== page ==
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29 Sep 2017
Apostle Islands 2017

My 2017 annual outdoor adventure with the usual suspects was to the apostle islands: Wisconsin’s Paradise.

hyde-park-horse-track hyde-park-horse-track

The thing I didn’t know about the Apostles is that they are as much a paradise as the Florida Keys. Sure, the water is colder, but there are no sharks nor hurricanes, so really it all evens out.

This was my first overnight paddling trip and I learned as much as I learned on my first overnight hiking trip.

  • When I hike I hate being wet and I do a lot to keep myself and my gear as dry as possible. While kayaking, trying to keep everything dry is futile and will only lead to frustration. Just become one with the wet.

  • Paddle with your core.

  • Many small dry bags (10 or 15L at most). Yes you need dry bags because the hatches always leak (we put a man on the moon but NASA didn’t build this kayak so its hatches always fucking leak).

  • Paddling is easier than carrying, pound for pound, so bring the bottles of wine!

A few stories:

To do this trip you must pay an outfitter to loan you gear and train you on safety. I was expecting our outfitter guides to be Ranger Rick and Safety Steve, but instead we got Red Cliff’s rendition of Steve-O and his trusty partner.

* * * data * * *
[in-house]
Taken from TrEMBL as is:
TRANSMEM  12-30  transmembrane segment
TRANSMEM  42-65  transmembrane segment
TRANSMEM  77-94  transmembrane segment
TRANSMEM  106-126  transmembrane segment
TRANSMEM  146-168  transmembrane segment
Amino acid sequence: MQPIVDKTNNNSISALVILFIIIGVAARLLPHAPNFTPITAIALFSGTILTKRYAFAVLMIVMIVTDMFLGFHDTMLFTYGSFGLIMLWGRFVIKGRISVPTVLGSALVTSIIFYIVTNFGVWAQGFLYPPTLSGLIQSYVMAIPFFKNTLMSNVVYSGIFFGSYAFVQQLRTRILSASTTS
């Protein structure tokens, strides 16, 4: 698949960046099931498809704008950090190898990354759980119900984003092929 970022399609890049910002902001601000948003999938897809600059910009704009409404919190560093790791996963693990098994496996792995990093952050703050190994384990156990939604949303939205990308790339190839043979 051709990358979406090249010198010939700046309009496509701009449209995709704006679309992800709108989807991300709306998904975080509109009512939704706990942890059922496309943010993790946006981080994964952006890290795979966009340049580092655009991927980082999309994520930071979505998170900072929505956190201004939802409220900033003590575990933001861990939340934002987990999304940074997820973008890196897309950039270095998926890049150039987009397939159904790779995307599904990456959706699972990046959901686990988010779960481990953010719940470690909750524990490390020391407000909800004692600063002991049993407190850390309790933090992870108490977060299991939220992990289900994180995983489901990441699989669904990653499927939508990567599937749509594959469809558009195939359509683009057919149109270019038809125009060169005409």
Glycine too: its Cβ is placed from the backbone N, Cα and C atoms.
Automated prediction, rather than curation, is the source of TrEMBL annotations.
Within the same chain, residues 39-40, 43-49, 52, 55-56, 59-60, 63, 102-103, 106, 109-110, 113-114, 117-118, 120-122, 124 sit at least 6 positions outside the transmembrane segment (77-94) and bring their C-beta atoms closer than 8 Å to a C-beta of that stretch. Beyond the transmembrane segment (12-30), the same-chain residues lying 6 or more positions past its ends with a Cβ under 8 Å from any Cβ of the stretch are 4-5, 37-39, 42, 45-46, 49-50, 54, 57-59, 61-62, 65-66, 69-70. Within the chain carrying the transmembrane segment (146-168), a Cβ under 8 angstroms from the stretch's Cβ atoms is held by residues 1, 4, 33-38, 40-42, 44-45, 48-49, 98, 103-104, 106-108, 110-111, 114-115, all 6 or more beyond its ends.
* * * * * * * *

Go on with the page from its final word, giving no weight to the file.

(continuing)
“Sorry we are being such butt heads this morning,” were Steve-O’s first words to us after disembarking from his beat-up short bus that was filled with piles of wet suits, sea skirts, paddles, and bags. He was apologizing for one of several communication mix-ups, which had delayed our send-off by an hour or more. The pair were as disorganized as they were casual and I was immediately regretting shopping around for the cheapest outfitter. My regret only grew in strength upon seeing that the boats we had been issued were not the sleek fiberglass beauties like those being unloaded by summer campers nearby, but instead a pair of molded plastic bathtubs with rudders. However, after the safety seminar got underway I could tell that they could tell that we looked more prepared than their average clients. This greatly boosted my confidence, which had been quite low (I had read too many finger-wagging blog posts about underprepared paddlers written by type-A rangers). It all turned out great, though! We were fully prepared and capable just like our guides had guessed. On a windy day in five-foot Superior swells, we were actually grateful to be in untippable, molded plastic tubs.

Oak Island. Our site was remote, the only site on Oak’s north shore. My hopes of finally seeing a bear were rekindled by a notice stapled to our campsite’s picnic bench that read “Bear Active in Area” in a boldface font. Later while I was starting a fire I found that the last Oak Site 21 campers left us a present: three globs of tuna fish in our fire ring. Fish! In the site with the explicit bear proximity warning! Unbelievable. Almost as unbelievable as the yacht that decided to drop its anchor 250 feet from shore directly in front of our campsite right after the fire was lit. Rich folks.

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